In all honesty, there was still a delay in the initial delivery of power but once you’d got past that the performance was mountainous. When you were cranking hard out of a bend the thrust was necessarily tempered by the traction electronics and by the excellent but understandably questioning ZF torque converter gearbox. You could forgive it for that. It must have been tough for the trans ECU to choose the right cog when just about any of them was capable of being effortlessly prodded into action by the mighty motor. In waft mode, there were few cars to beat it. Luxuriating in the torque was just a matter of flexing your toe. It sounded good too, the relaxed throb of eight cylinders being subtly supplemented by a sound actuator whose output was controllable through the drive select system. Sport mode in automatic was the best one to be in for truly effortless progress.
Everything was big about the SQ7, right down to the 7-litre (over 1.5 gallons!) windscreen washer bottle. Fortunately, the list of common engine and transmission problems hasn’t been so big, but there are a few things to watch out for.
Turbos can die, and not just the conventional ones either. The EPC electric compressors didn’t last forever. Poor step-off and failure of the stop-start system are your main clues to its demise. Confirmation would come with a P15B700 fault code. You could probably continue without buying a new one (no PH responsibility on that one, ahem) and that is something you might want to try because as of Sept ‘23 new EPCs were retailing at £2,277 including VAT.
Each of the conventional turbos had its own dedicated air filter and MAF sensor. Because they operated sequentially, with the second one only coming in at the sort of revs you could easily miss out on altogether, there was a natural tendency for the filter on the first turbo to get dirtier than the second one.
There were two EGR systems on the SQ7 along with two DPFs. The N80 purge valve was designed to redirect random fuel vapours back into the intake manifold. Rough idling and increased fuel consumption was your clue that this was conking out.
Excess oil warnings could sometimes be down to the dilution of the oil with diesel fuel, as a result of either incomplete DPF regen cycles or the oil never getting up to temp on short journeys in colder climates. Separately, oil could leak from the valve covers, sump or oil filter housing.
Faulty knock sensors are not unknown. These would trigger a check engine light, poor fuel consumption and reduced power. Coils and plugs were under extreme pressure in the SQ7 and could fail. Some owners of later models from the last two years of production have reported gearshifting delays or even slipping out of gear. Independents specialising in German cars will typically charge £230-£240 for an annual or 6-monthly to be on the safe side oil and filter service.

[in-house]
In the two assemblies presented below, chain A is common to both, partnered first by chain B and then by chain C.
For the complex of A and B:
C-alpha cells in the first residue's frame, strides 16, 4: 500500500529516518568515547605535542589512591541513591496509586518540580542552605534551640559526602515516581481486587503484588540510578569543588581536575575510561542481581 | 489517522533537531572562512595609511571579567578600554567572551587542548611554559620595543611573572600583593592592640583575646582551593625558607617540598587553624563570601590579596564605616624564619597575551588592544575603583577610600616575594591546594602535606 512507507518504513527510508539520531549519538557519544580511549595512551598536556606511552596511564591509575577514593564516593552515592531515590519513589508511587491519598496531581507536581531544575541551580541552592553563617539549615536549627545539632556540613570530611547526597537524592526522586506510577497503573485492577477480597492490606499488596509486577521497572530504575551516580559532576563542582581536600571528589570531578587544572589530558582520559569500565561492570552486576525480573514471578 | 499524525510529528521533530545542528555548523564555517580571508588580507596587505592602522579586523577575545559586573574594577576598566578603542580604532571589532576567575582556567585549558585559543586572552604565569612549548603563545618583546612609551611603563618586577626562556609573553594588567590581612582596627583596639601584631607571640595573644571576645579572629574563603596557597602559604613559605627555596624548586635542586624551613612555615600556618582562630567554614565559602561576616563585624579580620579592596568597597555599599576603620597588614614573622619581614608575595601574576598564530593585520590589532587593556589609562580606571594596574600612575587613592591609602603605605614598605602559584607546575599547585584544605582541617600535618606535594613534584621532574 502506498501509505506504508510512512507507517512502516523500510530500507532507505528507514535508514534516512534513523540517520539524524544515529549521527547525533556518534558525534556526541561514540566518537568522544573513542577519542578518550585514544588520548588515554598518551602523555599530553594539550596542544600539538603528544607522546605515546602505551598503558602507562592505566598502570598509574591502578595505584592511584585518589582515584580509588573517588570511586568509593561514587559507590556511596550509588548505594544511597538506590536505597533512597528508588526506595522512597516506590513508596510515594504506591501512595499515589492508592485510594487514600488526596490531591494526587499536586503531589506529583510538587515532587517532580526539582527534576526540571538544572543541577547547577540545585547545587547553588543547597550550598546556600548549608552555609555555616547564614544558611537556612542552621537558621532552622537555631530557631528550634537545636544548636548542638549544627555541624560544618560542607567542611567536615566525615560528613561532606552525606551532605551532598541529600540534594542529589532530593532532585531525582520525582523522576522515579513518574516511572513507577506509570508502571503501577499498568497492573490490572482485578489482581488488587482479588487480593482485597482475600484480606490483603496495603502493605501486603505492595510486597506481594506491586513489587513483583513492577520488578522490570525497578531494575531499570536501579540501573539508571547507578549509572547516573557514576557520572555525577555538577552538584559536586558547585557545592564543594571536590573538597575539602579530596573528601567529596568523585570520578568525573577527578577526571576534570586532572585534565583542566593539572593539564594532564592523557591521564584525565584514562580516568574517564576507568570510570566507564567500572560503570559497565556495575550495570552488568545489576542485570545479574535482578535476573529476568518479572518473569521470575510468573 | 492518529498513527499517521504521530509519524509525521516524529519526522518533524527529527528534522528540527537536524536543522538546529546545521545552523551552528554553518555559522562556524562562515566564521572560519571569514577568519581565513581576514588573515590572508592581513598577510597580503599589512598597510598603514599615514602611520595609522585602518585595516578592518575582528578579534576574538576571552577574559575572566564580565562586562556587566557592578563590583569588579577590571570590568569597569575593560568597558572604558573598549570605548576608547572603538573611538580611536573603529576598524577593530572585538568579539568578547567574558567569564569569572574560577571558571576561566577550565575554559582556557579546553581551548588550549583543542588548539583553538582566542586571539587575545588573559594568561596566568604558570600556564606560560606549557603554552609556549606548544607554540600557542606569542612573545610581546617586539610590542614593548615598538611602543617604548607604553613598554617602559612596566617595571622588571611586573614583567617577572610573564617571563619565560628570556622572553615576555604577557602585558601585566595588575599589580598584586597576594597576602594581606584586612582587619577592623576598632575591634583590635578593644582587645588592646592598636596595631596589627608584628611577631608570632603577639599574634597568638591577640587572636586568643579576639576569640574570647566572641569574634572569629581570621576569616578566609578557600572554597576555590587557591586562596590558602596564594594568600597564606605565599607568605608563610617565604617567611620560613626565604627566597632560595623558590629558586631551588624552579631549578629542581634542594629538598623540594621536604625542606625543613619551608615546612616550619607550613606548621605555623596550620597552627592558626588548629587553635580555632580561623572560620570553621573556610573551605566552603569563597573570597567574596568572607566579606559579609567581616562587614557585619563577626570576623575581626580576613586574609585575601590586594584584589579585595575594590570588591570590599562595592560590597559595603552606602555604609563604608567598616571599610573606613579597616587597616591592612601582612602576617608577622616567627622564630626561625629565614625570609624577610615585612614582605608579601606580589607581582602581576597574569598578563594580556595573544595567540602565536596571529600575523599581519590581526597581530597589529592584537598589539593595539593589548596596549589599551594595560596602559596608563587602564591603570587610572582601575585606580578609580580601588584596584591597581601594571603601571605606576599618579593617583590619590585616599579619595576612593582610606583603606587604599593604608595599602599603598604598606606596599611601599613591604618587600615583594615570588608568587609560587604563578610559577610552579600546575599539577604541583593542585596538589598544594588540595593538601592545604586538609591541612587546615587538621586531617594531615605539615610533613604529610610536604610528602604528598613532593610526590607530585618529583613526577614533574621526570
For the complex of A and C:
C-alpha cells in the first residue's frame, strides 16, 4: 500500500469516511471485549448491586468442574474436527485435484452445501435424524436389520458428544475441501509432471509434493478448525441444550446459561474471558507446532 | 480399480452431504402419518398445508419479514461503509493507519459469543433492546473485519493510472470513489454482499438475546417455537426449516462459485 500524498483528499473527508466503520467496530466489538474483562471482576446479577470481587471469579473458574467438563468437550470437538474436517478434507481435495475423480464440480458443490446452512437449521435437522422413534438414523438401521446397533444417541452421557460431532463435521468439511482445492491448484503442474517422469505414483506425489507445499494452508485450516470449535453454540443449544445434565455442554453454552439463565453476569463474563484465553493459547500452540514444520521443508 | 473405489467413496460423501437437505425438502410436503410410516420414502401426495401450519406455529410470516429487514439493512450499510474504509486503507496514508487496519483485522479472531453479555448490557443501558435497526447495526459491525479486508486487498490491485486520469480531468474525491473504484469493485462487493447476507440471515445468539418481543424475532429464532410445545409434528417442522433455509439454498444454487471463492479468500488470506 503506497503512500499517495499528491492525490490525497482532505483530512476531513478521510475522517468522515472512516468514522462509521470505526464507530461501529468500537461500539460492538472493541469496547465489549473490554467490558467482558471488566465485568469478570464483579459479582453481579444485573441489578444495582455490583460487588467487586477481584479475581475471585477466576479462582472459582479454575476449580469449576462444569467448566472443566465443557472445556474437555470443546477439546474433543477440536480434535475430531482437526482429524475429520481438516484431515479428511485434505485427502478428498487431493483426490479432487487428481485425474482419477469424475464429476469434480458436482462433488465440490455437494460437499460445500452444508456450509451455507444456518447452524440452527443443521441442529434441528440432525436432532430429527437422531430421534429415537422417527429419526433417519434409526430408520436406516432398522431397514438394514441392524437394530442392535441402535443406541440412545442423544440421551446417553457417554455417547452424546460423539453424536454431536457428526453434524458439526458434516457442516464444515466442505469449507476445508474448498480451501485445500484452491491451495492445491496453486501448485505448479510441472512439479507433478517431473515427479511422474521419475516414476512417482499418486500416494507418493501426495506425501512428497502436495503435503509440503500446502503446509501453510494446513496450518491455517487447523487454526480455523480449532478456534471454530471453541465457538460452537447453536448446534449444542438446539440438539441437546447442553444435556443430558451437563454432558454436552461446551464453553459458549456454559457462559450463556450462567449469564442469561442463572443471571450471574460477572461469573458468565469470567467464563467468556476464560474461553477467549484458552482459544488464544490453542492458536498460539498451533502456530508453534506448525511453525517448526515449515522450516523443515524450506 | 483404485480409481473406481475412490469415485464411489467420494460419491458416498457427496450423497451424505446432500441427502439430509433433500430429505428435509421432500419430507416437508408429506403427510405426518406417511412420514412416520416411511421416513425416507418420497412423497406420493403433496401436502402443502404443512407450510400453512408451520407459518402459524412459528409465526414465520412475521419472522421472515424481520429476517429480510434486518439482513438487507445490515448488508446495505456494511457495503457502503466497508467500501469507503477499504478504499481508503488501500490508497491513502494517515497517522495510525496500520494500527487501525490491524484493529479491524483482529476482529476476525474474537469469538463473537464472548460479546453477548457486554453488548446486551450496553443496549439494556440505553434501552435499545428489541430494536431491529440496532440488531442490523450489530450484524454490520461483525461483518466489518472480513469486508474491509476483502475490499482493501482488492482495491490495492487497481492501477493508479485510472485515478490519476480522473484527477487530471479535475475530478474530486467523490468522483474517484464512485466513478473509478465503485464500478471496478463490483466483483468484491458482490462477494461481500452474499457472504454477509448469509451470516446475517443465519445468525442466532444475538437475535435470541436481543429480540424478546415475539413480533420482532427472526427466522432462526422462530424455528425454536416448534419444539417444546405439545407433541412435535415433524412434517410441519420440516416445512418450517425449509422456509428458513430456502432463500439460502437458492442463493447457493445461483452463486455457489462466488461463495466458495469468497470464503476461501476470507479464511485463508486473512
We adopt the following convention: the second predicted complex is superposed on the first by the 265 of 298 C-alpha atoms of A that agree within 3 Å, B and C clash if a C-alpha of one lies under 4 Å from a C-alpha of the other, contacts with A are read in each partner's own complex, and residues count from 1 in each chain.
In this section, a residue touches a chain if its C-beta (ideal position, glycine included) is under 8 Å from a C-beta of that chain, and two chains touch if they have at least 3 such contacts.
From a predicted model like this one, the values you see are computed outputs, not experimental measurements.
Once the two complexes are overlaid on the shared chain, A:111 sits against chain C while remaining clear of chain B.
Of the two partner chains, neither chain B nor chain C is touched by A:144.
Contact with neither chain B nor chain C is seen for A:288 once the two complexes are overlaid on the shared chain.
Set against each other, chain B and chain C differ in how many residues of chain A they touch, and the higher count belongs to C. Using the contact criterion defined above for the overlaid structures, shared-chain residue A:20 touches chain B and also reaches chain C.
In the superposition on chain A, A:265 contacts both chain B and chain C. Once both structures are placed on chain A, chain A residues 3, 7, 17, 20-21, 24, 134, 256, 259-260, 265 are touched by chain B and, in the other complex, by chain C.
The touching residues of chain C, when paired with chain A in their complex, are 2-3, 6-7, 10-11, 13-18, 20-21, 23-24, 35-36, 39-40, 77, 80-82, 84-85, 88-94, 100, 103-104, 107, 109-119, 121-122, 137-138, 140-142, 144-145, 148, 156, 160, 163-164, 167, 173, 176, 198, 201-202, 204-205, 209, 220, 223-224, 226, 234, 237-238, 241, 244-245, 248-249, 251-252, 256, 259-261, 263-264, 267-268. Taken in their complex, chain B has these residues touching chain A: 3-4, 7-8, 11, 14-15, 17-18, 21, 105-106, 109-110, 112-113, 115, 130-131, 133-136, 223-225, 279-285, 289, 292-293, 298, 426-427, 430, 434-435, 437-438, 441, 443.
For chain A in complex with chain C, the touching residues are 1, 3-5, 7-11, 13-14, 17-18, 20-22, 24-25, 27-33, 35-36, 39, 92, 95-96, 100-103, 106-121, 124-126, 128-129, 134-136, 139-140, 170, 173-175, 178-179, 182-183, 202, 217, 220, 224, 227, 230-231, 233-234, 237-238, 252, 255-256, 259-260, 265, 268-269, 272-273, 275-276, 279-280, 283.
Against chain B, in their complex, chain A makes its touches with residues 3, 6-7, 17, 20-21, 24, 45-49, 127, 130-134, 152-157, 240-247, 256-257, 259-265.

SQ7 suspension was multi-link at both ends with adaptive air as standard. For many of those who had sampled many different Audis over the years (eg motoring journalists) the balance of stability, control and comfort offered by the SQ7’s chassis established a kind of long-awaited ideal for a marque that had previously struggled to impress in that department. You’d never call it engaging – a diesel Cayenne S felt noticeably lighter on its feet – but the Audi was able to hang on for grim death in corners without slumping into monster understeer. The steering itself was good by any standards, let alone Audi’s quite poor ones. You couldn’t help but admire its all-round composure. In Comfort mode, it was a struggle to find anything to criticise. Even the optional 22-inch wheels brought no really bad ride downsides.
The optional Driving Dynamics Sport Pack included a torque-vectoring ‘sport’ rear diff, all-wheel steering and the electromechanical roll defeat system previously showcased in the Bentley Bentayga. It wasn’t cheap at £5,700 but it worked brilliantly in the SQ7. With that lot in place, the SQ7 handled incredibly well taking into consideration its Gulliverian dimensions. The active anti-roll tech, which decoupled on straight roads to optimise ride quality, negated just about all of the pig-on-stilts queasiness through high-speed corners that you would expect from such a towering machine.
Later (2019-20) cars could suffer from air suspension failure, usually related to the compressor. From a generic used car perspective, very few air suspension systems don’t experience some sort of leak or compressor problem at some point in their lives. That’s one of many reasons why pwnership of, and an ability to use, a diagnostic unit is pretty much essential when shopping for cars of this complexity. Something like an Ancel VD500 is available off eBay for under £40.
The quattro all-wheel drive plus the 60mm body hoist that you got with the 'Off Road' setting gave the SQ7 surprising ability on slippery ground, but throw some deepish snow at it and you soon found out it was no Discovery. It was a road-biased SUV. Carbon ceramic brakes were optionally available in some markets, but not in the UK for some reason. Parts for the standard steel brakes are not cheap. Cracked CV boots would allow grit to contaminate the joints, with predictable results. Suspension bushes take a battering on any heavy car and the SQ7 was certainly in that club.
The SQ7’s brutalist looks didn’t come in for a lot of praise in 2016 but they seem perfectly acceptable now. The panoramic roof was massive and visibility generally was excellent.
Aluminium has become the de rigueur material for big performance cars and the SQ7 stuck to that template. Q7s had a bit of a reputation for accumulating quite a bit of water inside as a result of drain grommets becoming blocked over time. As far as we know the same system pertains to the SQ7 (and many other VAG products) and, again as far as we know, is still used today. It’s something to be aware of.